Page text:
They're doubles. Vpa() is simply choosing to display non-significant digits beyond the floating point relative accuracy, where printf() and disp() truncate or zero them out.
You're only getting your original four digits back out because the literal you chose to initialize num with just happens to be the exact decimal expansion of a binary double value, because it was copy and pasted from the output of the expansion of an actual double value from the other question. It won't work for other nearby values, as you show in your "BONUS" addendum.
More precisely, all numeric literals in Matlab produce values of type double. They get converted to the binary double value that is nearest to the decimal value they represent. In effect, digits in a literal beyond the limit of precision of the double type are silently dropped. When you copy and paste the output of vpa to create a new variable, as the other question's poster did with the "e = ..." statement, you're initializing a value from a literal, instead of dealing directly with the result of a previous expression.
The differences here are just in output formatting. I think what's going on is that vpa() is taking that double precision binary double and treating it as an exact value. For a given binary mantissa-exponent value, you can calculate the decimal equivalent to arbitrarily many decimal places. If you have a limited precision ("width") in the binary value, as you do with any fixed-size data type, only so many of those decimal digits are significant. Sprintf() and Matlab's default display handle this by truncating the output or displaying non-significant digits as 0. Vpa() is ignoring the limits of precision and continuing to calculate as many decimal places as you request.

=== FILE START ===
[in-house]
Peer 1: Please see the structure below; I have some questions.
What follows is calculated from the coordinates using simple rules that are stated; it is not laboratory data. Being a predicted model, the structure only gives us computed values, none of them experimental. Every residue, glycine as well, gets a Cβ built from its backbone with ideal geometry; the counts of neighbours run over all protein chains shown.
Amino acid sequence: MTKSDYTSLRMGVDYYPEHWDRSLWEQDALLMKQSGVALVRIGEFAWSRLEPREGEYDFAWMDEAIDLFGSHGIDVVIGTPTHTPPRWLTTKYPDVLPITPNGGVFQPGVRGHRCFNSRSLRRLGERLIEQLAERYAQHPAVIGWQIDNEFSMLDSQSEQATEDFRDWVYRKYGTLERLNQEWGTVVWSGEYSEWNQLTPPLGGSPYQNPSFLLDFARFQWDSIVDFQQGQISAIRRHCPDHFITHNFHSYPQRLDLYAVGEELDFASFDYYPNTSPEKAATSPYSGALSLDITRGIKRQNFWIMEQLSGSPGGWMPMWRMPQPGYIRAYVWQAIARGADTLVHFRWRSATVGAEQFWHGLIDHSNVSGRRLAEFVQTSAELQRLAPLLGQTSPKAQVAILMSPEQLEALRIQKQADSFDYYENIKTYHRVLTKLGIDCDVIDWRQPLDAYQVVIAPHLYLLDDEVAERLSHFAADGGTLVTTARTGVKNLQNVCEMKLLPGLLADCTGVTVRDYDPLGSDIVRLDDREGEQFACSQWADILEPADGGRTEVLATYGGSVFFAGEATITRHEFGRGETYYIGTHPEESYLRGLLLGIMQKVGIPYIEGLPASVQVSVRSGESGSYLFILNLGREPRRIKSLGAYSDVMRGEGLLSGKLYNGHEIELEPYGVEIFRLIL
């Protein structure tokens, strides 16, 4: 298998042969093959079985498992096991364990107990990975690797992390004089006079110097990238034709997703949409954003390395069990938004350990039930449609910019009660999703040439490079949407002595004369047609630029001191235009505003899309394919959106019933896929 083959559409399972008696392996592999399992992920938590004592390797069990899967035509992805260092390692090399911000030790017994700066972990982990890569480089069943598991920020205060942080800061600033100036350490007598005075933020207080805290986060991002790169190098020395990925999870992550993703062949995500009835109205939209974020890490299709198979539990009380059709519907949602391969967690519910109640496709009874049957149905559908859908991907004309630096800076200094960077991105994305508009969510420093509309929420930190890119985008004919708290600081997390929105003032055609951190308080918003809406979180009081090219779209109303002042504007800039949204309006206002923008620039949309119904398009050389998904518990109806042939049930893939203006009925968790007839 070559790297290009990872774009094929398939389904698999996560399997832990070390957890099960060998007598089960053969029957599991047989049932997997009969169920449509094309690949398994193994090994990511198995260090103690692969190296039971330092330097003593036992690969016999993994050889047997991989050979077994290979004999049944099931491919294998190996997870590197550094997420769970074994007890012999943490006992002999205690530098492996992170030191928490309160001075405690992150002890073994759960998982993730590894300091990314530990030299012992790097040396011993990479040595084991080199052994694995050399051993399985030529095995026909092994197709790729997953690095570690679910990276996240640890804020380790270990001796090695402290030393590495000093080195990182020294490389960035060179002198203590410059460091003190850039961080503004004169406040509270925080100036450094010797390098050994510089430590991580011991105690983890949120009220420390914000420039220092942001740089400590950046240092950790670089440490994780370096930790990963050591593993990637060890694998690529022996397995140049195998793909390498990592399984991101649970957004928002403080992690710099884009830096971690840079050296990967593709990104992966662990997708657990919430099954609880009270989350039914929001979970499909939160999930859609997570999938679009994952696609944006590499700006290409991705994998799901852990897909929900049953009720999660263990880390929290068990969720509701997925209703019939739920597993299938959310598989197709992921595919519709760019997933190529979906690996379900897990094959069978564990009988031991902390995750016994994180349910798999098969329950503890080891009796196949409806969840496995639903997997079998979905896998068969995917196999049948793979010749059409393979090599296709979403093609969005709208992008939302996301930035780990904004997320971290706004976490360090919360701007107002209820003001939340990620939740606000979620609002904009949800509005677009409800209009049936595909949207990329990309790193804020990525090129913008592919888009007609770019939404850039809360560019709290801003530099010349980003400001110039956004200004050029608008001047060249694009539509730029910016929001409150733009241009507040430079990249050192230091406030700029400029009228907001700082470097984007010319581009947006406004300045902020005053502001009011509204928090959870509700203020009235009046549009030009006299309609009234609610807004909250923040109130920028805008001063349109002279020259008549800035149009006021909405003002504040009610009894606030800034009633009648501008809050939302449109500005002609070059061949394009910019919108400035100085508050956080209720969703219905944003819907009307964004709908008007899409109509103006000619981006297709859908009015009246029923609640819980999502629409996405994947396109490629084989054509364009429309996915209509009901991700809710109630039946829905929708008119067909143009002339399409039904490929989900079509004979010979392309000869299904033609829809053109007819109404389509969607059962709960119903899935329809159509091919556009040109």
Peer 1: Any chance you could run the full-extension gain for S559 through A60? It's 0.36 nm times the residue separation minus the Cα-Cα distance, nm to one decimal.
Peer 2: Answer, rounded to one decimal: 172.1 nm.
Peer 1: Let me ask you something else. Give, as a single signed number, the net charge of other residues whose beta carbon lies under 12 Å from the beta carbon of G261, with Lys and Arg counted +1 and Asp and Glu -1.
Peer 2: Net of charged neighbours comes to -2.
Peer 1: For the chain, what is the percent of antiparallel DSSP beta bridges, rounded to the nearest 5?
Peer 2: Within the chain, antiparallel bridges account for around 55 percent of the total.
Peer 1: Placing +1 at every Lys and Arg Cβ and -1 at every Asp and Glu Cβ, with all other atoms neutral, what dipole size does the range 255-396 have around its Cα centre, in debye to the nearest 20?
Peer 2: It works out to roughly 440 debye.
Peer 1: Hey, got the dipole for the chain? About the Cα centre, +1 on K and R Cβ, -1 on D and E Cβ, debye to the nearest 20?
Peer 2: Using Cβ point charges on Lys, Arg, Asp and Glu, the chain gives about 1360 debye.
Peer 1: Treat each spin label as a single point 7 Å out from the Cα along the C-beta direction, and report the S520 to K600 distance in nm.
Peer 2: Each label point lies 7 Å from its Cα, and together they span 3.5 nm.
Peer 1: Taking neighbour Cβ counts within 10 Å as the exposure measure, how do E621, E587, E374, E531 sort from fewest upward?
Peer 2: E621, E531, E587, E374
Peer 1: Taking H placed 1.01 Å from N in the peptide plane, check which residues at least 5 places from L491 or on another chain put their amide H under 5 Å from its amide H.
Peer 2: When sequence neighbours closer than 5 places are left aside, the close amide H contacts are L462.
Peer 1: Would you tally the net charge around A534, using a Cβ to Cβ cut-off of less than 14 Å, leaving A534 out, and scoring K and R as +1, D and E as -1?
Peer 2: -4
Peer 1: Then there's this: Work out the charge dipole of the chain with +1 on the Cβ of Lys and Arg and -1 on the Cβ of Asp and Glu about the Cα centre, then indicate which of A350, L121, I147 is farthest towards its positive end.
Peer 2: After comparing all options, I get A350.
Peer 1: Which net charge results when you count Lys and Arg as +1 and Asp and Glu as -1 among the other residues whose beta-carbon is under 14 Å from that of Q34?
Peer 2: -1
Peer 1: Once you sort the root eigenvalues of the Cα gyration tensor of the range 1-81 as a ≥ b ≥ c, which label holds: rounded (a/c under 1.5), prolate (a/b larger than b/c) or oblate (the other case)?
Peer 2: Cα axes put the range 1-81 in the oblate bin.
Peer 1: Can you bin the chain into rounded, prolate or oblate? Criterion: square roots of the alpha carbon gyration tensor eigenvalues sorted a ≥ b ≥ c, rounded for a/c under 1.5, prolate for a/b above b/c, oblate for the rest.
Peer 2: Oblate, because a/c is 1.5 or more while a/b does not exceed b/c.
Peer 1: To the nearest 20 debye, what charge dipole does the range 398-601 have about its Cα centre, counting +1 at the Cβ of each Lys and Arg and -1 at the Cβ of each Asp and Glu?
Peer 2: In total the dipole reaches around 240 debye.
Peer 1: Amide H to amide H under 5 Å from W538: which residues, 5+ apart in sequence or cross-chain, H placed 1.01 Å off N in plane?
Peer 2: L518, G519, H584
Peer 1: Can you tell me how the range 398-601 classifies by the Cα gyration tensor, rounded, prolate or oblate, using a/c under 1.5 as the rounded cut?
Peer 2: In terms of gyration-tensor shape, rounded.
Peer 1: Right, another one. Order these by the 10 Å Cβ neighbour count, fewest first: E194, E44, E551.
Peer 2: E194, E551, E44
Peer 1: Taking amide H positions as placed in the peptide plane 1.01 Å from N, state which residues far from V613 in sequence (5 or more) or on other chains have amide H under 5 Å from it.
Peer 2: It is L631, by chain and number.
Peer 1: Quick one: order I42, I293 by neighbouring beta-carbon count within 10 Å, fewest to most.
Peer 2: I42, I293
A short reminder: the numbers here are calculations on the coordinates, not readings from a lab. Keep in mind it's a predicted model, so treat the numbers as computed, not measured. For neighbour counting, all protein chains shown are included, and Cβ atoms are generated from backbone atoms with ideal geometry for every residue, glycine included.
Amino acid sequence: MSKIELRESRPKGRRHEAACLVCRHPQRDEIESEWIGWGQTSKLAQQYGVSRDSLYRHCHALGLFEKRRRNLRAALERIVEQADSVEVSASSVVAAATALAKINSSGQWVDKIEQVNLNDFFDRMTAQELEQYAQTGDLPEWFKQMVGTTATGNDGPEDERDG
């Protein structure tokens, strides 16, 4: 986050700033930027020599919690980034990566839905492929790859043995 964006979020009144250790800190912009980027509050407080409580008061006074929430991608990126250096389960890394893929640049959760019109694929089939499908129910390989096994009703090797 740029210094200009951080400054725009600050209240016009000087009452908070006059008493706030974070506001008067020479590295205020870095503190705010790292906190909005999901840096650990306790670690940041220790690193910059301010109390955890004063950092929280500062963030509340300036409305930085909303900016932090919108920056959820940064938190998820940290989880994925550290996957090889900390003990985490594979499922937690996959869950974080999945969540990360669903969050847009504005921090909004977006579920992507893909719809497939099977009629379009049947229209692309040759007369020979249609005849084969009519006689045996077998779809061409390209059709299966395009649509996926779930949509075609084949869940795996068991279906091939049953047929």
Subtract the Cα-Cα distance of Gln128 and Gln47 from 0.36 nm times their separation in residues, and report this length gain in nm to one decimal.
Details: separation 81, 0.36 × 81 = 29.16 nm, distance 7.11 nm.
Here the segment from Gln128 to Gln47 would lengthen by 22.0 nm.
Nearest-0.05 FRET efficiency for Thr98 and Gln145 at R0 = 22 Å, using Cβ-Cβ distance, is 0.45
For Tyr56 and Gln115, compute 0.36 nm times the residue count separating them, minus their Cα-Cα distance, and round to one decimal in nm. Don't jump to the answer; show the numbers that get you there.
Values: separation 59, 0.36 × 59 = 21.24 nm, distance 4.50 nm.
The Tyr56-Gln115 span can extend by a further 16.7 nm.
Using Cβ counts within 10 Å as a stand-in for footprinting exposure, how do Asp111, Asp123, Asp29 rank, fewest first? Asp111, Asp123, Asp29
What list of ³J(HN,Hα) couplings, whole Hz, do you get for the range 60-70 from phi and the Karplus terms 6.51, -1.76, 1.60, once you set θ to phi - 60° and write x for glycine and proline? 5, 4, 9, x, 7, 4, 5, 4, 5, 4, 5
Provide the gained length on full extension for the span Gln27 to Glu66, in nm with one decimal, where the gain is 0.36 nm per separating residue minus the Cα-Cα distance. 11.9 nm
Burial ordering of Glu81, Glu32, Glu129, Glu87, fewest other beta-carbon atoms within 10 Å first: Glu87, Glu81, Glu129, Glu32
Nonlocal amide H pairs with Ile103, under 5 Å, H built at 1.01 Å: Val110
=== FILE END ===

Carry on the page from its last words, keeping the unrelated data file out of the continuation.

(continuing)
Those additional digits are bogus, in the sense that if they were replaced by other values to produce a nearby decimal value, they would all get "rounded" to the same binary double value.
Here's a way to show it. These values of x are all the same when stored in doubles, and will all be represented the same by vpa().
x = [
Here's another way of demonstrating it. Here are two doubles that are very close to each other.
x0 = exp(1)
x1 = x0 + eps(x0)
Vpa(x0) and vpa(x1) should produce outputs that differ a lot past the 16th digit. However, you shouldn't be able to create a double value x such that vpa(x) produces a decimal representation that falls between vpa(x0) and vpa(x1).
(UPDATE: Amro points out that you can use
fprintf('%bx\n', x) to display an exact representation of the underlying binary value in hex format. You can use this to confirm the literals map to the same double.)
I suspect vpa() behaves this way because it treats its inputs as exact values, and polymorphically supports other Matlab types from the Symbolic Toolbox that have more precision than doubles. Those values will need to be initialized by means other than numeric literals, which is why sym() takes a string as an input and "vpa(exp(1))" differs from "vpa(sym('exp(1)'))".
Make sense? Sorry for the long-windedness.
(Note I don't have the Symbolic Toolbox so I can't test vpa() myself.)